TOKYO (Kyodo) -- Prime Minister Yoshihide Suga's government put Tokyo under its fourth COVID-19 state of emergency on Monday in an effort to contain a resurgence in coronavirus infections.
With the measure, to last until Aug. 22, a period that will cover the duration of the Tokyo Olympics, the government aims to curb the movements of people during the global sports event, as well as the summer vacation including Japan's "bon" holiday in mid-August.
The Summer Games, which will open July 23 and end Aug. 8, will be held behind closed doors at almost all venues.
Besides Tokyo, a COVID-19 state of emergency in Okinawa Prefecture, as well as a quasi-state of emergency in Chiba, Saitama, Kanagawa and Osaka prefectures, which had been set to expire at midnight Sunday, were extended to Aug. 22.
The quasi-state of emergency in five other prefectures -- Hokkaido, Aichi, Kyoto, Hyogo and Fukuoka -- expired at midnight Sunday as scheduled.
Compared to a state of emergency, a semi-measure carries fewer restrictions on business activity and targets high-risk areas rather than entire prefectures.
In areas under the state of emergency, food service establishments are prohibited from serving alcohol and required to close by 8 p.m.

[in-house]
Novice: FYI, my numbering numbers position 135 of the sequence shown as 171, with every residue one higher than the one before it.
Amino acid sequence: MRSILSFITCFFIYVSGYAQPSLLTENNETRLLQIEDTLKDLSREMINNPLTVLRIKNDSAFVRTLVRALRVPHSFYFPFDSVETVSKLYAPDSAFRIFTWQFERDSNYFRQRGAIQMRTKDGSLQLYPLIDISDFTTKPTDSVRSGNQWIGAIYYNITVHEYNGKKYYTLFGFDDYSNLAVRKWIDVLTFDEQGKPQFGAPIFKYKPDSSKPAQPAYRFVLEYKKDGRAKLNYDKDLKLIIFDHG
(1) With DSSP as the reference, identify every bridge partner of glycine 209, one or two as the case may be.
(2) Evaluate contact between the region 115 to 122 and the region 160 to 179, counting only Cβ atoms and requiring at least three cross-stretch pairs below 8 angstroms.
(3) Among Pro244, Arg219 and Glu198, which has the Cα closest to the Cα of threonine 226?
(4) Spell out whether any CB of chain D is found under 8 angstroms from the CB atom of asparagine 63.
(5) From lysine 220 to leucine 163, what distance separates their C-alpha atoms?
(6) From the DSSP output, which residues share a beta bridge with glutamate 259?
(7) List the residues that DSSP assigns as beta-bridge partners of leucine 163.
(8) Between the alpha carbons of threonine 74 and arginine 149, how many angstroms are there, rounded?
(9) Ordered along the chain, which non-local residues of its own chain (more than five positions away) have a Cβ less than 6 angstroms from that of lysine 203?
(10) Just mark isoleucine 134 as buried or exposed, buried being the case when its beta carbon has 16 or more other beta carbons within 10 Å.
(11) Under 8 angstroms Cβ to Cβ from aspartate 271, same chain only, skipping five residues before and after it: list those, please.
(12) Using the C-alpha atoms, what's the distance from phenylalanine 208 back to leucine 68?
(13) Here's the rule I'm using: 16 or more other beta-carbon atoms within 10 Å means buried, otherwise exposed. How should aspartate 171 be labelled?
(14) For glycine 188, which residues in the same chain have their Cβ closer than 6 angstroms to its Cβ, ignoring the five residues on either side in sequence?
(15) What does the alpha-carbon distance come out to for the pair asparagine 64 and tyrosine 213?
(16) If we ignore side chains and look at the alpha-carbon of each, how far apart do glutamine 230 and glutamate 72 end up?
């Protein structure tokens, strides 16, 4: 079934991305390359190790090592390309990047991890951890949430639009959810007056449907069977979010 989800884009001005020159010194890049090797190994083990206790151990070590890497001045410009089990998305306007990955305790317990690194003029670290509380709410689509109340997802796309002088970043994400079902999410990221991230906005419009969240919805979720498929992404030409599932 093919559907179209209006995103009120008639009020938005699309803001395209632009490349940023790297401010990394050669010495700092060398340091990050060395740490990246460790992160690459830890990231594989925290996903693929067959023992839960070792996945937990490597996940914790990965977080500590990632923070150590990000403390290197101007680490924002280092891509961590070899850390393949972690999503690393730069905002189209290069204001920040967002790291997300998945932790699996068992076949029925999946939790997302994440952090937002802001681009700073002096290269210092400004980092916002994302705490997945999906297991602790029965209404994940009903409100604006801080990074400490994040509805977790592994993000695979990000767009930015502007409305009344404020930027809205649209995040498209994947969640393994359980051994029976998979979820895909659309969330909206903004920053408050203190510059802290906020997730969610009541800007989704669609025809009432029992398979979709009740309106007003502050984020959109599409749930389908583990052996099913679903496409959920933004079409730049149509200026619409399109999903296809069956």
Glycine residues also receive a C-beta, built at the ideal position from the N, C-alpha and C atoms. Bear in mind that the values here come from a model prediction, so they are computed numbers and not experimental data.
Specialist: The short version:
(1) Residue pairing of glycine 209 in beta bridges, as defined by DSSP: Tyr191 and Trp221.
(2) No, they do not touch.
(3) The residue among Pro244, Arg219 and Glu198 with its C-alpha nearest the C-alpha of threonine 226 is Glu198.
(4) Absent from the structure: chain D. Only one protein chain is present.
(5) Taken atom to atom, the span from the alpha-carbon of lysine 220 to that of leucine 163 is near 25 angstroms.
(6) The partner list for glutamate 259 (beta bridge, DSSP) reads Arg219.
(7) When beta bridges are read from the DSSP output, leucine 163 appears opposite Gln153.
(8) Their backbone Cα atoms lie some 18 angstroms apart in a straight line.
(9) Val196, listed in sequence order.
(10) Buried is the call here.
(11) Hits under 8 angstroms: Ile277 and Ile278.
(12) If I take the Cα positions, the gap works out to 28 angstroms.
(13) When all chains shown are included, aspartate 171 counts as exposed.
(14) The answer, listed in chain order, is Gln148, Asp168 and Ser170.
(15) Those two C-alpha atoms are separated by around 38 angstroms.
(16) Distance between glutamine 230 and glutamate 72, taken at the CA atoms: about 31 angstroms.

Under the quasi-state of emergency, serving alcohol is banned in principle, but some establishments may be allowed to serve alcohol by 7 p.m., subject to a governor's approval, with proper anti-virus measures in place.
In Tokyo, major commercial facilities are obligated to close by 8 p.m. Attendance at large events is capped at 5,000 people or 50 percent of a venue's capacity, whichever is fewer.
The capital entered into its first COVID-19 state of emergency in April 2020 and a second emergency in January this year. Suga declared a third emergency for Tokyo in April, which had been initially scheduled to last about two weeks but was extended until June 20.
The emergency was eased to a semi-emergency for Tokyo on June 21 but it went back to the fourth emergency after just about three weeks due to the recent rebound in infections.